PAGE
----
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Species Guide
A photo of a Spotless Crake (Zapornia tabuensis)
Spotless Crake

Spotless Crake

Zapornia tabuensis

The Spotless Crake (Zapornia tabuensis) is a diminutive and elusive bird, a member of the rail family, Rallidae. Adults typically measure 17 to 20 cm in length, with a wingspan of 26 to 29 cm, and weigh between 40 to 50 grams. They exhibit a bluish-grey slate coloration on the head and neck, while the back and wings are adorned with a dark reddish-brown hue that transitions to a blackish-brown on the tail feathers. The underparts maintain the bluish-grey which then darkens towards the tail. Their bill is a stark black, and their eyes are a deep red, providing a striking contrast against the head. The legs and feet are a reddish-pink, completing the bird's subtle yet distinctive palette.

Identification Tips

Spotless Crakes are characterized by their lack of white spots and streaks, which distinguishes them from other crake species. They have no obvious sexual dimorphism, making it challenging to differentiate between males and females. Juveniles are duller in coloration, with a white patch on the chin and throat, and their eyes are a brownish-orange, maturing to red. Their legs and feet also transition from an olive-brown to the reddish hue seen in adults.


These birds favor freshwater wetlands, thriving in dense vegetation which provides cover for nesting. They are often found in swampy areas with abundant raupo, flax, tussock sedge, and cabbage trees. Spotless Crakes may also inhabit dry forests on small offshore islands where wetlands are limited.


The Spotless Crake has a broad range across the southern Pacific, from the Philippines and New Guinea to Australia, and as far south as New Zealand. In New Zealand, they are more commonly found in the North Island, with isolated populations in the South Island.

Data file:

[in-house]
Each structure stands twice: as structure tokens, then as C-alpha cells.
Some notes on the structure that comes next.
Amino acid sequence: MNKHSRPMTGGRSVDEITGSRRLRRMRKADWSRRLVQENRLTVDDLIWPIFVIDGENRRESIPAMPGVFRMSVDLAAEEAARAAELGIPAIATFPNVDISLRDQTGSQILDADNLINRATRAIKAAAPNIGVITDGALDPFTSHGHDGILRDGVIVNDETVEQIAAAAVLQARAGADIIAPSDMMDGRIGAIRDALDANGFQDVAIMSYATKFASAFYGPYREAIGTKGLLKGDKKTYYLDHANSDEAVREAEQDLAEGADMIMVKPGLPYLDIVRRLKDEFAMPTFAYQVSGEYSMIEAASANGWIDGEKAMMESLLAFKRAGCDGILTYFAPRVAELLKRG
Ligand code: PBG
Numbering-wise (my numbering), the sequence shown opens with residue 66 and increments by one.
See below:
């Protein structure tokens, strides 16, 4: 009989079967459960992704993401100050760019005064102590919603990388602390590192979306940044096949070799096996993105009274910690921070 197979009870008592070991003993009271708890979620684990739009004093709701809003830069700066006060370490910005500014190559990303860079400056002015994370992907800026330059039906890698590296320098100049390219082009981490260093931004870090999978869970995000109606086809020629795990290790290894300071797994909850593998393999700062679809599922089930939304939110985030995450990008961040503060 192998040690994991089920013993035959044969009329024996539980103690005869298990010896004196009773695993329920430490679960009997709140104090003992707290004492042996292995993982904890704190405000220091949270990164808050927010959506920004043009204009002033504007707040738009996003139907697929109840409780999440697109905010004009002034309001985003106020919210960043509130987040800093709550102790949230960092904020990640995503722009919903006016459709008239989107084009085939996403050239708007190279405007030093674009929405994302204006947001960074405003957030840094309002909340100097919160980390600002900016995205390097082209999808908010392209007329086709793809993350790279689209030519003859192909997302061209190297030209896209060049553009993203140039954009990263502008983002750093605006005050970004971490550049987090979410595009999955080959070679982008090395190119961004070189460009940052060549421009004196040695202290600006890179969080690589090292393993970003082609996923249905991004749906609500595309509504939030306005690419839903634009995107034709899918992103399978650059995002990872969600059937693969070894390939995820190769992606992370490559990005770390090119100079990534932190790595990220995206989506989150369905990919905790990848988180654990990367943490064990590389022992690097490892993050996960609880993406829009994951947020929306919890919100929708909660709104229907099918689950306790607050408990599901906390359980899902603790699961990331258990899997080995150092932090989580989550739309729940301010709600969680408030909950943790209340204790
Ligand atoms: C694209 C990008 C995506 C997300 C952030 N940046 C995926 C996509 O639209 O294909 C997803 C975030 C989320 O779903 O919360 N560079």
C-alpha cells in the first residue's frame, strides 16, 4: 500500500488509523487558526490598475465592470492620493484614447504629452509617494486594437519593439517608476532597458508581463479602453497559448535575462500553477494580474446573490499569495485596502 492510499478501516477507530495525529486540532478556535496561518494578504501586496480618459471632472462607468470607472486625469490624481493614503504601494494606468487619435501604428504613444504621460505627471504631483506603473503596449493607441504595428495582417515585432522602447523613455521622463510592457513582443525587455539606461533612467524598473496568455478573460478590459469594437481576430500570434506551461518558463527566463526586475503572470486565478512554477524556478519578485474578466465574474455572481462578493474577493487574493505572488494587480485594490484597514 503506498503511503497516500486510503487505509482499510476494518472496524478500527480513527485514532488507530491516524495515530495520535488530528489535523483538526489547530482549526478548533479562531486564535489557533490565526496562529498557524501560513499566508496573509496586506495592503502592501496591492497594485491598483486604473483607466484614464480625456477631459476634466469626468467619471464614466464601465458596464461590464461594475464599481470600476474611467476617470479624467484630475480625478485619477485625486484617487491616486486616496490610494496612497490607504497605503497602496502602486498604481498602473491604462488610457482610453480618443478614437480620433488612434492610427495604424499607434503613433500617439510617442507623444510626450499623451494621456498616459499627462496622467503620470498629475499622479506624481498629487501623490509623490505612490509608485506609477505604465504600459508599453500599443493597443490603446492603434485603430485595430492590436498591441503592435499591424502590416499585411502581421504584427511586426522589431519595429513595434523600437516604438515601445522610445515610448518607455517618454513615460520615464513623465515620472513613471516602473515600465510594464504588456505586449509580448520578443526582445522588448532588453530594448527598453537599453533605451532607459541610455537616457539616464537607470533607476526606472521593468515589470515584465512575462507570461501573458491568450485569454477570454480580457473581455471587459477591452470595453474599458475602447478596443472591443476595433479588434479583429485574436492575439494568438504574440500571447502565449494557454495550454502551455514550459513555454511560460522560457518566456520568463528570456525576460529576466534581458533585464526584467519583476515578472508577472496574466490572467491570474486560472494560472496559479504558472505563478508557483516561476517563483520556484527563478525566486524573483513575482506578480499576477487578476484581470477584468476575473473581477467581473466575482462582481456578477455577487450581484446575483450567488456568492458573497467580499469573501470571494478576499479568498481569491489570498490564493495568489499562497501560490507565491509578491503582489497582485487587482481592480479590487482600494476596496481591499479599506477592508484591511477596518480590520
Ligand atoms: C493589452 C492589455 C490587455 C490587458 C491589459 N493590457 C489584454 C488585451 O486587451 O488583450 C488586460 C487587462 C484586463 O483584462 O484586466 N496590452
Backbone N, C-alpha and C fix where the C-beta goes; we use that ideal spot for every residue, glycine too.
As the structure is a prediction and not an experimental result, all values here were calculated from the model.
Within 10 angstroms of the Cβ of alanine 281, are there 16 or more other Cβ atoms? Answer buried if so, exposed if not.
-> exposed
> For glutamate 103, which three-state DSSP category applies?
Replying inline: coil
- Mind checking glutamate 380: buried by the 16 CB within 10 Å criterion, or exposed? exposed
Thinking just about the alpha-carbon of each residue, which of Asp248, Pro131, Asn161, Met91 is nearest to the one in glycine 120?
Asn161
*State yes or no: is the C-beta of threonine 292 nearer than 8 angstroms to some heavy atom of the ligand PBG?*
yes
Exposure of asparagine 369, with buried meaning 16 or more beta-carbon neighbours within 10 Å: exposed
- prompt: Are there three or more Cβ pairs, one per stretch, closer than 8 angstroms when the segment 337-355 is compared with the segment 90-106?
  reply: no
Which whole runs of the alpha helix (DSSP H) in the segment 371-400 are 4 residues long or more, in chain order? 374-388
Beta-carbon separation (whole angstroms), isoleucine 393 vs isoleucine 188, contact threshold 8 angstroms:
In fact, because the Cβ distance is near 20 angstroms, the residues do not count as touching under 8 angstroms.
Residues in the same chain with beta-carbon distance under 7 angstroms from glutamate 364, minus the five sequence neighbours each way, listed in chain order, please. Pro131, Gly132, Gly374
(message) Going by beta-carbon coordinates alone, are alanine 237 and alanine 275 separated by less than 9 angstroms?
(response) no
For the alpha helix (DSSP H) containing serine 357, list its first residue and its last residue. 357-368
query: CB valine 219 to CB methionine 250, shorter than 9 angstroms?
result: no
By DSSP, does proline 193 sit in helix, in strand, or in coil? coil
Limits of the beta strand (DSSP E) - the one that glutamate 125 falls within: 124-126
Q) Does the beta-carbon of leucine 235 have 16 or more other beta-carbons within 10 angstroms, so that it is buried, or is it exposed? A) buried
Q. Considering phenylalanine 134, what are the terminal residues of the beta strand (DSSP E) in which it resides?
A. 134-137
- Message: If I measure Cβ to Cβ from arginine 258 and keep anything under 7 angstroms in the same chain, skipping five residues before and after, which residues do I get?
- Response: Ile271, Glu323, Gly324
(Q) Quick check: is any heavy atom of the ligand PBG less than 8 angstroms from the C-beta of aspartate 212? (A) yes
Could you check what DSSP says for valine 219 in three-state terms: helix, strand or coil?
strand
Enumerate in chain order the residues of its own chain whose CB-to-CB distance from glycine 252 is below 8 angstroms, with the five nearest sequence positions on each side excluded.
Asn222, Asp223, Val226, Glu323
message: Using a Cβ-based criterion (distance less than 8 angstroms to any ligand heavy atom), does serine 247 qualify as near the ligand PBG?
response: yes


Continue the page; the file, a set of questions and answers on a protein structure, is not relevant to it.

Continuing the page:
Spotless Crakes are secretive and tend to remain hidden within dense vegetation. They are known to forage in open muddy areas but will quickly retreat to cover if disturbed. These birds are capable of local migration if environmental conditions necessitate.

Song & Calls

The Spotless Crake's vocal repertoire includes a variety of calls, such as a bubbling sound, a sharp 'pit-pit', a variable 'mook', and a loud 'purring' call. The 'purr', composed of rapid notes, is believed to be their song and is the loudest of their calls.


Breeding behavior is difficult to observe, but nests are typically constructed from interwoven grasses within dense vegetation. Clutch sizes range from 2 to 5 eggs, which are incubated by both parents for about 20 to 22 days. Chicks are cared for by both parents for 4 to 5 months and are capable of catching live prey within days of hatching.

Diet and Feeding

An omnivorous species, Spotless Crakes consume a diet that includes seeds, fruits, shoots, leaves of aquatic plants, insects, mollusks, crustaceans, spiders, carrion, worms, and beetles.

Conservation status

The Spotless Crake is currently classified as Least Concern by the IUCN. However, they face threats from introduced mammalian predators such as cats, dogs, mustelids, and rats. Habitat clearance and degradation also pose significant risks to their populations.

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